At the 2017 US Nationals, the qualification meet for the World Aquatics Championships in Budapest, King swept the breaststroke events. She won the 50-meter breaststroke with a time of 29.66, the 100-meter breaststroke with 1:04.95, and the 200-meter breaststroke with 2:21.83.

In her first event, King won the 100-meter breaststroke with a world record time of 1:04.13.[14] King's American teammate Katie Meili finished second and Yulia Efimova touched third. The race was highly anticipated because Efimova had nearly broken the former world record and mockingly wagged her finger during the semifinal.[15]


On September 11, 2018, the city of Evansville approved the new Deaconess Aquatic Center, which is to replace Lloyd Pool, within which the facility's competition pool is to be named in honor of King, who personally pushed for the project.[16]

Personal best times

Event Time Location Date Notes
50 m breaststroke (long course) 29.40 Budapest July 30, 2017 WR
100 m breaststroke (long course) 1:04.13 Budapest July 25, 2017 WR
200 m breaststroke (long course) 2:21.83 Indianapolis June 28, 2017
100 yd breaststroke (short course) 55.73 Austin, TX March 22, 2019 WR
200 yd breaststroke (short course) 2:02.60 Columbus, Ohio March 17, 2018 WR

World records

Type Distance Event Time Meet Location Date Age Ref
WR 100 m (long course) Breaststroke 1:04.13 2017 World Aquatics Championships Budapest, Hungary July 25, 2017 20 [17]
WR 50 m (long course) Breaststroke 29.40 2017 World Aquatics Championships Budapest, Hungary July 30, 2017 20 [18]

See also


  1. "National Team Bios – Lilly King". USA Swimming. Retrieved June 28, 2016.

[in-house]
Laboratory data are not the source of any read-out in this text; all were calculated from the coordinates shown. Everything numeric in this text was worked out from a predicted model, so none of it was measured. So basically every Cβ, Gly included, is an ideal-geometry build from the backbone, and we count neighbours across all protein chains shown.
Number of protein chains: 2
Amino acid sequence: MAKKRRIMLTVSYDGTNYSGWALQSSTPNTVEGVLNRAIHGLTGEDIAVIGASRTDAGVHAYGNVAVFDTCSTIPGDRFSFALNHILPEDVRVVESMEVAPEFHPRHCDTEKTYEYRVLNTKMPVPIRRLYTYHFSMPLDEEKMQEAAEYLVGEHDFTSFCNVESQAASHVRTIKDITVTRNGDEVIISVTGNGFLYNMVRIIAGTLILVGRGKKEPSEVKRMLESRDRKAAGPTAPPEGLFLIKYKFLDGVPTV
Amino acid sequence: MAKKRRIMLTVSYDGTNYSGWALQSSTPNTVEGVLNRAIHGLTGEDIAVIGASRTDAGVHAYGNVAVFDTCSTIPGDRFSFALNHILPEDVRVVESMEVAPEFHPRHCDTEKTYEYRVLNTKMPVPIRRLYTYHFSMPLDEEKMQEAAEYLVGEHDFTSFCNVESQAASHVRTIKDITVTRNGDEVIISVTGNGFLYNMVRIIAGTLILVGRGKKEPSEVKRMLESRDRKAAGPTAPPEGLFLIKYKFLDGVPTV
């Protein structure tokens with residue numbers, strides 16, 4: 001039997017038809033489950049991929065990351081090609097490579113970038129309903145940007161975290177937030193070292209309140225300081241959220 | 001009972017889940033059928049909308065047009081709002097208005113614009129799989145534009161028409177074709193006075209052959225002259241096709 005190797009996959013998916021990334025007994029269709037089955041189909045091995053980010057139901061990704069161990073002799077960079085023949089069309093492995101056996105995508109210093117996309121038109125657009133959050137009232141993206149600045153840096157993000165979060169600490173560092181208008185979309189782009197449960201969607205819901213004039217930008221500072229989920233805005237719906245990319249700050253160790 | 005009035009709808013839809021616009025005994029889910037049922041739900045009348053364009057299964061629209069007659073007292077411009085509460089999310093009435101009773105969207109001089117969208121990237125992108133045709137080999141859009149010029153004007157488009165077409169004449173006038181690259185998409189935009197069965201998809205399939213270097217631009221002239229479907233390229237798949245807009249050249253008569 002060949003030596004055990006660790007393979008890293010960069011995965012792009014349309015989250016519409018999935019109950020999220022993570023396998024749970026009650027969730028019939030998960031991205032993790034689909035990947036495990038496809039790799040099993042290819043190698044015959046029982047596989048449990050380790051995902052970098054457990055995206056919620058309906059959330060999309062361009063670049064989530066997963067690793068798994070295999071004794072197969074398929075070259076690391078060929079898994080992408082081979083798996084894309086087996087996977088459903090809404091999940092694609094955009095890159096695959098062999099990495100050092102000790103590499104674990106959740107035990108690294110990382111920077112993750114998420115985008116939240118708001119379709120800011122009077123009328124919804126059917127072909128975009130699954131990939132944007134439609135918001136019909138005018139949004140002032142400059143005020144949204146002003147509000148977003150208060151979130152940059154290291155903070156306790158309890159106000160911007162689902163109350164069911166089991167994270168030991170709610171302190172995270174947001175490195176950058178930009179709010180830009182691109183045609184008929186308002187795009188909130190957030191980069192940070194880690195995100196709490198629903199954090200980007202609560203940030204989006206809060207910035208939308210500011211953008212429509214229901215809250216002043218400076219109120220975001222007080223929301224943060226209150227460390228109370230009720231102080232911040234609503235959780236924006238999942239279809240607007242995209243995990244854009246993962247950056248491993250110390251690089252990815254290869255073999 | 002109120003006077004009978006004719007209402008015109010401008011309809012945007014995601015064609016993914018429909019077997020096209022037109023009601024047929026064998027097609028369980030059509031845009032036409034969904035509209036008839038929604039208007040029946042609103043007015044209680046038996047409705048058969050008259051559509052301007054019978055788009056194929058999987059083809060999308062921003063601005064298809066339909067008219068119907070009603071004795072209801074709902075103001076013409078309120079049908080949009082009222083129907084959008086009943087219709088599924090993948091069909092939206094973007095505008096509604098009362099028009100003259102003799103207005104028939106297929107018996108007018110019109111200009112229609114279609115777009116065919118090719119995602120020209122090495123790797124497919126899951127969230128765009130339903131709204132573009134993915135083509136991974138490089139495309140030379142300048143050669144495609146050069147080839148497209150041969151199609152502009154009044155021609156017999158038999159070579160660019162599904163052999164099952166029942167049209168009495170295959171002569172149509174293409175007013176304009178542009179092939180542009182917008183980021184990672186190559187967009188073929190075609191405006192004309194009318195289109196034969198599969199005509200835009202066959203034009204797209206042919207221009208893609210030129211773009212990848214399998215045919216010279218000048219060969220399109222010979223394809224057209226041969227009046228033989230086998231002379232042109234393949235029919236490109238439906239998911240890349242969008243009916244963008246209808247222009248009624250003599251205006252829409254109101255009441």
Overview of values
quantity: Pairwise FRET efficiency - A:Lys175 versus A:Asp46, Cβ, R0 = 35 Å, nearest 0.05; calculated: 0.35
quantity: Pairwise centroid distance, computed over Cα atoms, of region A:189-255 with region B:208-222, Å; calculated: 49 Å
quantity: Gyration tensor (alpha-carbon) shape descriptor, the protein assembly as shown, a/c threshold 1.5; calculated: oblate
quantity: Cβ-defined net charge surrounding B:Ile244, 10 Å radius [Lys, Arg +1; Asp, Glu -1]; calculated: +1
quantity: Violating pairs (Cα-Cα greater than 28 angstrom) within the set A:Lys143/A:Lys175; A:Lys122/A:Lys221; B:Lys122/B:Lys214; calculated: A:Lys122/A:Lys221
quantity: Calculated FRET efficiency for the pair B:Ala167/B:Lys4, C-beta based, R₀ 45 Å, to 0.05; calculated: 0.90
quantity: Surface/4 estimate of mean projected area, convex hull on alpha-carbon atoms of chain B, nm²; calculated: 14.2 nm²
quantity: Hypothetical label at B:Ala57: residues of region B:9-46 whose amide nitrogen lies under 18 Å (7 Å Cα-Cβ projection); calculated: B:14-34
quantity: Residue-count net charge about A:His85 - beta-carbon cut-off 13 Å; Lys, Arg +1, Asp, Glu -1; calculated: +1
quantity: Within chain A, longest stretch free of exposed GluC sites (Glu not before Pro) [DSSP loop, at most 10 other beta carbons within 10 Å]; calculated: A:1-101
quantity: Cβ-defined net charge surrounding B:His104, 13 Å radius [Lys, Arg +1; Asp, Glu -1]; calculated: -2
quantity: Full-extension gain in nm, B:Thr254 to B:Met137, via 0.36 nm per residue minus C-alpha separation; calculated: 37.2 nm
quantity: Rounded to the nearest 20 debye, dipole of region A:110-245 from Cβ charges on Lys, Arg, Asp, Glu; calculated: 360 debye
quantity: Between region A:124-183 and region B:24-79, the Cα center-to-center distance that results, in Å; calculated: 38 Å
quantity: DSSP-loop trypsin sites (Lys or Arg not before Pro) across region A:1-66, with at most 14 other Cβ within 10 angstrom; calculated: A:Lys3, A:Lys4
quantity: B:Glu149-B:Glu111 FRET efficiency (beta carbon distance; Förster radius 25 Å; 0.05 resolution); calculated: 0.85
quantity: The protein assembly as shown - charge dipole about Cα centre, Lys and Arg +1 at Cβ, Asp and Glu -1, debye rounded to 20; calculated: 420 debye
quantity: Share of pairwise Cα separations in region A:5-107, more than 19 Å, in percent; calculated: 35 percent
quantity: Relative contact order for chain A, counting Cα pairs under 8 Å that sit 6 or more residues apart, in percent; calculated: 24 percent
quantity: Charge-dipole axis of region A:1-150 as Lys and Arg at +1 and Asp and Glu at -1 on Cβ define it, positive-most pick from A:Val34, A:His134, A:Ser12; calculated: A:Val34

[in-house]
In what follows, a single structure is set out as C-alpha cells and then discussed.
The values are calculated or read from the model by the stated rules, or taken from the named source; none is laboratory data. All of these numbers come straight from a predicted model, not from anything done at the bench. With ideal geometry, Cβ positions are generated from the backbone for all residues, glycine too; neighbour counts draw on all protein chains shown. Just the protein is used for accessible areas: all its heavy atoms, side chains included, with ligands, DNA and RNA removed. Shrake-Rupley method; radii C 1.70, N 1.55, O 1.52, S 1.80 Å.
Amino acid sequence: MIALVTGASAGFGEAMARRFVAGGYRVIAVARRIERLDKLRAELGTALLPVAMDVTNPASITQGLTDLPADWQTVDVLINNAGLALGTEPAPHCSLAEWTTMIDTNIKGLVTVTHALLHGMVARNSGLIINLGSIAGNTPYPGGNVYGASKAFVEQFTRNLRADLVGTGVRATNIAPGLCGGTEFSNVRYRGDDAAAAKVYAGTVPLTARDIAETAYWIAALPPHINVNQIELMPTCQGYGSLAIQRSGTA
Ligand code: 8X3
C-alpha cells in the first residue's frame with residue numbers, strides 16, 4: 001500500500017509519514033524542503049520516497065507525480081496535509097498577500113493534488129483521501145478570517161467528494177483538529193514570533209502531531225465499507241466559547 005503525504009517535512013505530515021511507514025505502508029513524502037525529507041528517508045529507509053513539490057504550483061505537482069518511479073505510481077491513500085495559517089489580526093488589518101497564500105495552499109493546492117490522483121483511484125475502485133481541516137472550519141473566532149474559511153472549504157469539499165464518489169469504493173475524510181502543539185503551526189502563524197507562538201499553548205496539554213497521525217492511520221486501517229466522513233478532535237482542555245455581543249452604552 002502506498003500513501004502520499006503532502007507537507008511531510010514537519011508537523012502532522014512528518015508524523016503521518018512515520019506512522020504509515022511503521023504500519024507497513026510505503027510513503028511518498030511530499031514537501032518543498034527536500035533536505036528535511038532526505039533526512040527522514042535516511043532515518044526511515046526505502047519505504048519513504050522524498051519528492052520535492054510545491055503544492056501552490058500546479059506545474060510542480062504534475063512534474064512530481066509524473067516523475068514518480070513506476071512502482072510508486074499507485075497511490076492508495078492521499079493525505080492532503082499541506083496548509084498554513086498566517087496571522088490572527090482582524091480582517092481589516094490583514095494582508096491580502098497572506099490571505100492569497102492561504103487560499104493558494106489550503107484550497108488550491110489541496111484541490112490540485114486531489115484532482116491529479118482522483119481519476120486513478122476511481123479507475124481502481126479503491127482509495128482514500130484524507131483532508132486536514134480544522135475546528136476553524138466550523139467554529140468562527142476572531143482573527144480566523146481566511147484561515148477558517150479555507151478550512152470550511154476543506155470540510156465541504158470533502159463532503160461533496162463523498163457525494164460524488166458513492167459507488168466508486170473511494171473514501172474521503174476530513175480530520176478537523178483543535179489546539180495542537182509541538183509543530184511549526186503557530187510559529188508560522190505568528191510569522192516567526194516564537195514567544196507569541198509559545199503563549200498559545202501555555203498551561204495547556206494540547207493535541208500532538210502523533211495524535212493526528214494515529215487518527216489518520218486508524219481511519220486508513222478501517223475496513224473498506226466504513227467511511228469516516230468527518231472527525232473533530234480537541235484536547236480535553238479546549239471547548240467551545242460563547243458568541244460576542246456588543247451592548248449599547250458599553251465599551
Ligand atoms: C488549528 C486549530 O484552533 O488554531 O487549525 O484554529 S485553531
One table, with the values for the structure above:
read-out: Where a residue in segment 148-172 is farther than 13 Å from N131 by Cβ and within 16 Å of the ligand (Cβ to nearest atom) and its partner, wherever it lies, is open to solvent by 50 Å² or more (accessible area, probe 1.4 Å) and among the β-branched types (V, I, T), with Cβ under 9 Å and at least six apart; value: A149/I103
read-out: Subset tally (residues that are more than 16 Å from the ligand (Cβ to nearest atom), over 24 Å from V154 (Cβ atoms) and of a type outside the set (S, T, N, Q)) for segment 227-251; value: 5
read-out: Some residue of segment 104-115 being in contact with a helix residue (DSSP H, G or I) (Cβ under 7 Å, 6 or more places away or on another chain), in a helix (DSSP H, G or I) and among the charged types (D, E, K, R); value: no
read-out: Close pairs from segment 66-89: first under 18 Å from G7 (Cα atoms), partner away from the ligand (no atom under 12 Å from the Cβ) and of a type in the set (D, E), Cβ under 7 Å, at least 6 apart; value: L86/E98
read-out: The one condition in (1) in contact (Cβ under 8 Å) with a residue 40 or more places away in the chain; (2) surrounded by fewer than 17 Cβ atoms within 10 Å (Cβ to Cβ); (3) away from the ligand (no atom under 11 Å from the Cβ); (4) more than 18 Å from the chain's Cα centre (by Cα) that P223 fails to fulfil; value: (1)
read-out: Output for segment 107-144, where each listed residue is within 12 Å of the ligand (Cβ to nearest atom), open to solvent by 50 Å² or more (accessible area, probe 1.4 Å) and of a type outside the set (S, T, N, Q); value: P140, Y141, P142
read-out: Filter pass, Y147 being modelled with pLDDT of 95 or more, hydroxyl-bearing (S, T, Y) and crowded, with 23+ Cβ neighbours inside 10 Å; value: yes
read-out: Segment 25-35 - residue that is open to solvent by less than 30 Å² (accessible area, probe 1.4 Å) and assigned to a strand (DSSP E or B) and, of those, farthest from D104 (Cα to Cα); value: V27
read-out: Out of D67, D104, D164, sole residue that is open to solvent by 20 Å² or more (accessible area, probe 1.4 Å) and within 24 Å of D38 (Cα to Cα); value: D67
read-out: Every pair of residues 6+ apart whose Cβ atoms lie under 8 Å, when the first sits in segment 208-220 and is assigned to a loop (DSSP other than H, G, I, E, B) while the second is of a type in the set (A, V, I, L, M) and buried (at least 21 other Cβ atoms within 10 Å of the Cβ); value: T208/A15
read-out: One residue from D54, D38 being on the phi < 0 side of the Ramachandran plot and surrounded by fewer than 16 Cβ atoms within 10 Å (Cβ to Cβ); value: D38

2. "Lilly King Bios, Stats, and Results". Sports Reference. Retrieved July 23, 2019.
  3. "Lilly King Bio". Indiana Hoosiers. Retrieved June 29, 2016.
  4. Forde, Pat (August 8, 2016). "Lilly King's improbable journey to the finger-wagging frontline of swimming's Cold War". Yahoo Sports. Retrieved August 9, 2016.
  5. Neidigh, Lauren (March 18, 2016). "Lilly King smashes 57 second barrier to set 100 breast American record". Swimswam. Retrieved June 29, 2016.
  6. Rogers, Martin (August 8, 2016). "U.S. swimmer Lilly King calls out Russian drug cheat with strong words, finger wag". USA Today. Retrieved August 9, 2016.
  7. Crouse, Karen (August 8, 2016). "American Lilly King Makes Statement With Olympic Record in 100-Meter Breaststroke". The New York Times. Retrieved August 9, 2016.
  8. Woods, David (August 8, 2016). "Lilly King sets Olympic record in winning 100 breaststroke, Russian nemesis". Indianapolis Star.
  9. "Lilly King, Molly Hannis do not advance to 200m breaststroke final". August 11, 2016.
  10. Wilder, Charlotte (August 9, 2016). "Lilly King's feisty rivalry with Yulia Efimova is the Olympics at its very best". USA Today. Retrieved August 9, 2016.
  11. "U.S. vs. Russia: Lilly King-Yulia Efimova adds to history of heated rivalries". Sporting News. Retrieved August 9, 2016.
  12. "In vilifying Russian swimmer Yulia Efimova, Americans are splashing murky waters". The Washington Post. August 10, 2016. Retrieved August 31, 2016.
  13. "Efimova is a poor poster child for Russian scandal". Associated Press. August 10, 2016. Retrieved August 31, 2016.
  14. "Lilly King Surges to 1:04.1 to Take Down 100 Breast World Record". SwimSwam. July 25, 2017. Retrieved July 26, 2017.
  15. "King Gets The Last Laugh Over Efimova... For Now". SwimSwam. July 25, 2017. Retrieved July 26, 2017.
  17. "17th FINA World Championships Women's 100m Breaststroke Final Results". July 25, 2017. Retrieved July 25, 2017.
  18. "17th FINA World Championships Women's 50m Breaststroke Final Results". July 30, 2017. Retrieved July 30, 2017.
Preceded by

Rūta Meilutytė
Women's 50-meter breaststroke
world record-holder (long course)

July 30, 2017 – present
Succeeded by

Preceded by

Rūta Meilutytė
Women's 100-meter breaststroke
world record-holder (long course)

July 25, 2017 – present
Succeeded by